IFA to host ‘Climate Action in Agriculture’ event tomorrow

The Irish Farmers’ Association (IFA) is set to host an event tomorrow, Tuesday, January 21, in an effort to “rebalance the debate around climate action”.

The event is titled ‘Climate Action in Agriculture – A Balanced Approach’ and will feature “one of the foremost experts in the world on the important role of farming in the climate debate”, according to the IFA.

Dr. Frank Mitloehner from UC Davis, California, will be the keynote speaker at the event and will “bring balance, with scientific evidence, to the discussion about the contribution of agriculture to the climate challenge”.

Other speakers at the event will include Prof. John Fitzgerald, chair of the Climate Change Advisory Council (CCAC), and Teagasc’s Dr. Frank O’Mara.

Speaking in advance of the event, outgoing IFA president, Joe Healy, said: “Farmers are tired of being kicked around and scapegoated when it comes to climate action.

“The lack of balance in the debate is very frustrating for Irish farmers, given the high standards we adhere to and the quality of the food we produce.

For example, 90% of Ireland’s beef exports are now in an audit and carbon footprinting programme and 100% of milk production is completing a carbon auditing cycle.

“This is unique – we are the only country in the world that measures, monitors and manages carbon from farm to fork. Yet we are constantly being pilloried for not doing enough.”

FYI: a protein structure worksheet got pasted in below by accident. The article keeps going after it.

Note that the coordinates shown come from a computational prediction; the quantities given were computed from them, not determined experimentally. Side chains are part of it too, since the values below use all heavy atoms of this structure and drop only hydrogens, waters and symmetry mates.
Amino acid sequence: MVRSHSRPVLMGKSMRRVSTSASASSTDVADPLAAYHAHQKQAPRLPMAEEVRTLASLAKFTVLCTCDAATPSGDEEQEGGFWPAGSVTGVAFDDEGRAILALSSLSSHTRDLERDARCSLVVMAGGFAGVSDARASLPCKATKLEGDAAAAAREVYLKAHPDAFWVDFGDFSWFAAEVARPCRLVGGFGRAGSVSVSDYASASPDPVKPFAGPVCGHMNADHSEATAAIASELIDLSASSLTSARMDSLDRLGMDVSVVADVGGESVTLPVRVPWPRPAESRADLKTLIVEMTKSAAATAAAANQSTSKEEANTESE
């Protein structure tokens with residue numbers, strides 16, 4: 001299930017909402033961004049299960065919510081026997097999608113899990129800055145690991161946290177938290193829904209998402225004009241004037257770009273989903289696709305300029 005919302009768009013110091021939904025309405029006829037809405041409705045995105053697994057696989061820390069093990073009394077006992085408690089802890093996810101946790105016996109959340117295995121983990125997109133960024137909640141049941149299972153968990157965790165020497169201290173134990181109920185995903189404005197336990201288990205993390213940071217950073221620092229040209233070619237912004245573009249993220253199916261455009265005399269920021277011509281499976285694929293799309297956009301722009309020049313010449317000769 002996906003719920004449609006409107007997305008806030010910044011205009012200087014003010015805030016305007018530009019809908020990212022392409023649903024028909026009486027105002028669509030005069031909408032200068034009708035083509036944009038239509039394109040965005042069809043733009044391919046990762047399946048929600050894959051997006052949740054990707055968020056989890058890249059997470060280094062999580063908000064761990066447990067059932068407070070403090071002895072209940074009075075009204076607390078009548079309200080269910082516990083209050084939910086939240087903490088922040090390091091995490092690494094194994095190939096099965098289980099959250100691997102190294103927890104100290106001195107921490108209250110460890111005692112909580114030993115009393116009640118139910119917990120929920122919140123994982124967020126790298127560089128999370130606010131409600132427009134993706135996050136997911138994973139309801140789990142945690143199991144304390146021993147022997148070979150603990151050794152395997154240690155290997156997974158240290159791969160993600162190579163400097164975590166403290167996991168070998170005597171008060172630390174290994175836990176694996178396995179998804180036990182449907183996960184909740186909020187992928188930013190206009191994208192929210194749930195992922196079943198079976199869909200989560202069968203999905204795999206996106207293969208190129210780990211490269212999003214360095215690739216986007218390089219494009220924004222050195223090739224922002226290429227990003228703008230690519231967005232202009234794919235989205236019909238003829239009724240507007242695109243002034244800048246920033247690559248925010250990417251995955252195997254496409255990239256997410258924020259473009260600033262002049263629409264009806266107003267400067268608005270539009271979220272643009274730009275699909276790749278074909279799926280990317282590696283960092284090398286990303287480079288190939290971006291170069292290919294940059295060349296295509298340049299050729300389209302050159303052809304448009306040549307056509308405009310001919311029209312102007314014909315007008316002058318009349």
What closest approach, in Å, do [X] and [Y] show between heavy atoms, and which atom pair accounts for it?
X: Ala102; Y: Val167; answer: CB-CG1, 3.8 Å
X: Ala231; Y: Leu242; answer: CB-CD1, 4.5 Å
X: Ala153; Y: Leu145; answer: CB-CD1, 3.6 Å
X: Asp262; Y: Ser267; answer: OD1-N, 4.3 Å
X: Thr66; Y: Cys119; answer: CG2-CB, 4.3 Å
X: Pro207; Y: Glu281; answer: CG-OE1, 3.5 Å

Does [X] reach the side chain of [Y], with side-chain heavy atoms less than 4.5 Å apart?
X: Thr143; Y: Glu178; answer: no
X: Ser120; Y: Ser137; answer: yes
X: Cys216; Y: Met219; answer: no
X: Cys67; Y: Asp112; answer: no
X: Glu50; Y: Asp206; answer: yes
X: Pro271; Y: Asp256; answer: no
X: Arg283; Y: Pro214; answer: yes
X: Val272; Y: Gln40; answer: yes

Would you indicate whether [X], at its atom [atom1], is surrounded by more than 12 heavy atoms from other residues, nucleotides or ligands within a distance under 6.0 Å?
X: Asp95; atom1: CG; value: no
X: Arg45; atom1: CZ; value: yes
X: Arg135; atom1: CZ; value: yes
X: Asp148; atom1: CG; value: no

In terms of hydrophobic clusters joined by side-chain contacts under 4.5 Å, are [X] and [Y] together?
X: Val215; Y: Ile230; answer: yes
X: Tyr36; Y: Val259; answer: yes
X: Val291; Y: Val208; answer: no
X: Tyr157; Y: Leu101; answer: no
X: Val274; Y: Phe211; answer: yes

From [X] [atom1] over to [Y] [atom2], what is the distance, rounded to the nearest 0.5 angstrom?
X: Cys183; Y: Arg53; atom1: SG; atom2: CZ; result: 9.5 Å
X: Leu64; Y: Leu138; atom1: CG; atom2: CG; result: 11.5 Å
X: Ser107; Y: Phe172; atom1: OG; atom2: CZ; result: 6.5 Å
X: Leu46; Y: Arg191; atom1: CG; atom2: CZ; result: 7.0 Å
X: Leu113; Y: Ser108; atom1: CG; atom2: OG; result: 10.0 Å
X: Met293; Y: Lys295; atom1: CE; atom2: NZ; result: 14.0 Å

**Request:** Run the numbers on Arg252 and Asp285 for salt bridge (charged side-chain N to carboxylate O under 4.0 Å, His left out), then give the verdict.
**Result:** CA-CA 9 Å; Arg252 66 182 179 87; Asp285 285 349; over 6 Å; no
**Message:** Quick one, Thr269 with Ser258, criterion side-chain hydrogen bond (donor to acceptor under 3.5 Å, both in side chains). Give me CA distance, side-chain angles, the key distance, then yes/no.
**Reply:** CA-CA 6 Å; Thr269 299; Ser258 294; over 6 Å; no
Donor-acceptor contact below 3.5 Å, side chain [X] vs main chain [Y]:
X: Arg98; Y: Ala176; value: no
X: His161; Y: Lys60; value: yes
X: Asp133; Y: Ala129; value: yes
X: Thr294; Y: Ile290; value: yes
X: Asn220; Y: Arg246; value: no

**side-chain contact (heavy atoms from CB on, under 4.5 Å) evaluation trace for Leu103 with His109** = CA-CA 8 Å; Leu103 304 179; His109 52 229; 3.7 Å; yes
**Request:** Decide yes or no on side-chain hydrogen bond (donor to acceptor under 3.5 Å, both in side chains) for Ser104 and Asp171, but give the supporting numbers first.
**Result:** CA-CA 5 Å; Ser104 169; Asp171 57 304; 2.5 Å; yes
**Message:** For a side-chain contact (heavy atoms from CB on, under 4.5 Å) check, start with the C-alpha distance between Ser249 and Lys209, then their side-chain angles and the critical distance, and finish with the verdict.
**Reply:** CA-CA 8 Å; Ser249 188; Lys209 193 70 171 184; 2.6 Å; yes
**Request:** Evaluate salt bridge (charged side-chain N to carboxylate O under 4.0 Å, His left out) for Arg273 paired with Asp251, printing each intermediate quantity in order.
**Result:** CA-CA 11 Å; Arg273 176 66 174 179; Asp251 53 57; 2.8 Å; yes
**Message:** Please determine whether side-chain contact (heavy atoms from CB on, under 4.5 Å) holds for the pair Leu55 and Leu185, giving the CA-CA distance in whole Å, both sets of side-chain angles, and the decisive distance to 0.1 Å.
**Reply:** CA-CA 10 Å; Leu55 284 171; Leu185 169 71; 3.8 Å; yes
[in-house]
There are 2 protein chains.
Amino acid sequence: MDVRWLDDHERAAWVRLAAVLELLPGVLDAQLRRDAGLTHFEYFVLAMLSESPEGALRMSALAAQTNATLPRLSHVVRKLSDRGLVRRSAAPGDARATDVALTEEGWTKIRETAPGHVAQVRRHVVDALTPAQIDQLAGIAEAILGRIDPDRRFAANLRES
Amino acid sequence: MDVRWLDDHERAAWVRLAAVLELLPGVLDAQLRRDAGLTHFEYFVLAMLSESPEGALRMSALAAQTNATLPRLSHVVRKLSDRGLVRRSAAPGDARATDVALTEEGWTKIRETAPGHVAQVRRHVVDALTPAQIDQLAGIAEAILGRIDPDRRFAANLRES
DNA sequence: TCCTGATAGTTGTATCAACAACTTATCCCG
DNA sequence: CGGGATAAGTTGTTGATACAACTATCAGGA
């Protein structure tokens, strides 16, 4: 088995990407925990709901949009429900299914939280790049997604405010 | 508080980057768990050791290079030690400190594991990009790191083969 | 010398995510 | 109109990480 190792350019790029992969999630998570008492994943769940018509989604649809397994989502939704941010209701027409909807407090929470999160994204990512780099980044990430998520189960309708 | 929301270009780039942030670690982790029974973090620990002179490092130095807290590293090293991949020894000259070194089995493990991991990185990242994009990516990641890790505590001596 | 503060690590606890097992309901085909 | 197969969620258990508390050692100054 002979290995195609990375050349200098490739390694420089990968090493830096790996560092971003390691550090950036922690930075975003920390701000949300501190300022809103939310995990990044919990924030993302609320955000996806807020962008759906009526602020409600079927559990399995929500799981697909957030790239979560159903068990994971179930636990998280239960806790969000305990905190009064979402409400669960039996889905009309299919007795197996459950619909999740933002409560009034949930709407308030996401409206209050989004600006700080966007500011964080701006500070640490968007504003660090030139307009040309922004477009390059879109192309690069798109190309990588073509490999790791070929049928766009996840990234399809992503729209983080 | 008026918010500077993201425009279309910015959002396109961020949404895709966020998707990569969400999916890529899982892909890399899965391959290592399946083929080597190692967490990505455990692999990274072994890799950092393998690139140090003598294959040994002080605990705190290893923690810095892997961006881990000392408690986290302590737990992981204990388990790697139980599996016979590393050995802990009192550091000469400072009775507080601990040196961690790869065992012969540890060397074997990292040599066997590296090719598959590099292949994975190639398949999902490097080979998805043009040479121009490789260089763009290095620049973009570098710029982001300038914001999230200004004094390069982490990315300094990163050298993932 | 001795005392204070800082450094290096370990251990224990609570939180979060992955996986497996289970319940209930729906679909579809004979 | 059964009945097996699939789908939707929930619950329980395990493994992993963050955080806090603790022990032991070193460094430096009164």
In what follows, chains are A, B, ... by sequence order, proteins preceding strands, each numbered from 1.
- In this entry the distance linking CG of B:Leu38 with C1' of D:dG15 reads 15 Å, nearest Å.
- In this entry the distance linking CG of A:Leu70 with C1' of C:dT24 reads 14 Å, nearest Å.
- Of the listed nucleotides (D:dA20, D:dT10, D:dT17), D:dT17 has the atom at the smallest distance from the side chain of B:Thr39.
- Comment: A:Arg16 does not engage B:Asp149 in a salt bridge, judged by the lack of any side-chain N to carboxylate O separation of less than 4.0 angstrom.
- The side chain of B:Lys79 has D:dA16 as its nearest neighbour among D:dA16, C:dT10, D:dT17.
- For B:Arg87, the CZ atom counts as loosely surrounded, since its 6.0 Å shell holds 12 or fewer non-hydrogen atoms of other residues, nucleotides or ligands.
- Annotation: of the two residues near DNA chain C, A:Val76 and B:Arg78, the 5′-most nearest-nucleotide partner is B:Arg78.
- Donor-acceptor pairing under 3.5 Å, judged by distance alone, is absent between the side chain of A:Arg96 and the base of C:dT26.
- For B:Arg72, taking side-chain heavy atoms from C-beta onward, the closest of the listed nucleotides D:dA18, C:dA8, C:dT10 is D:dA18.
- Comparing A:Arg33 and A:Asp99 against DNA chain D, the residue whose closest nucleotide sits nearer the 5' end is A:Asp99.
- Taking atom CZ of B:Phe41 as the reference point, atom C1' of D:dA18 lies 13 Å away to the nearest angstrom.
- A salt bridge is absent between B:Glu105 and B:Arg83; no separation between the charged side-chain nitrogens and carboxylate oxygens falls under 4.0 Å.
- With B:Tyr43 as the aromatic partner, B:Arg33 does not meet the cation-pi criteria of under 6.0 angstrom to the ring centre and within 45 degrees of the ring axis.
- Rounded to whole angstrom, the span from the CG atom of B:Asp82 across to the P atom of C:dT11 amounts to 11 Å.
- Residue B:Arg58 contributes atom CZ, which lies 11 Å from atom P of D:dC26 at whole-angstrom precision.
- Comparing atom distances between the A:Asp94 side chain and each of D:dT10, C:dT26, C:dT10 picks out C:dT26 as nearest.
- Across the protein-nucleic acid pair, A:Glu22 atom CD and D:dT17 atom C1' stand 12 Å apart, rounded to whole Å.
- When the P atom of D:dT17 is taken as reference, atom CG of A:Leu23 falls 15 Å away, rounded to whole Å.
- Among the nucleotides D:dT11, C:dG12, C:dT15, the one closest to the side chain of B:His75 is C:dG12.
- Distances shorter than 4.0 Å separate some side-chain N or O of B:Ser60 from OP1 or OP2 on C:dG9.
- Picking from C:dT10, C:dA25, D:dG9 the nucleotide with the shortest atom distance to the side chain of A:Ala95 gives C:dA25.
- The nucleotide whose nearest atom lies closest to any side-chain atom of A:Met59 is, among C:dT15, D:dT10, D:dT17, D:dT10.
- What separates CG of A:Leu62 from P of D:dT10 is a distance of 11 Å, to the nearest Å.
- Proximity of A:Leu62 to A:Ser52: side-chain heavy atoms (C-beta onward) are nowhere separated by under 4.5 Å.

Concluding, the IFA president said: “We hope that this event will help in rebalancing what is currently a very one-sided debate.”

GHG emissions from beef

In May last year, AgriLand caught up with Dr. Frank Mitloehner while he was speaking at ONE19: The Alltech Ideas Conference.

At the conference, he presented data that now indicates that the US beef industry is a small contributor to greenhouse gas (GHG) emissions when compared to other sectors.

Both in the US, and indeed in Ireland, the finger has been routinely pointed at beef – albeit at different scales and production systems.

“The carbon footprint of beef is a hot topic at the moment – everybody is talking about it. For many industries, this is the main driver to get people to buy their product,” Dr. Mitloehner explained.

For example, plant-based protein companies are saying that you should buy their product as an alternative to beef because beef has a carbon footprint that is just atrocious.

And, the lack of data on the topic has made the US beef industry an easy target. Now, data indicates that only a small proportion of GHG emissions stem from the beef supply chain.

Dr. Mitloehner explained: “The total GHG emissions of the entire beef supply chain – both direct and indirect – is 3.3% of US GHG emissions, including the growing of forages, belching, manure, transportation of products, etc.

For those who say that beef produces more GHG than any other activity in the US, you should know by now that is not true.

He added that direct GHG emissions (excluding indirect emissions) from the transport sector in the US accounts for 28% and all fossil fuel consuming industries produce 80% of all GHG emissions.

If we compare this to Ireland, the total GHG emissions stemming from the agriculture sector (all enterprises) is approximately 33.3%, while the transportation sector contributes approximately 20%.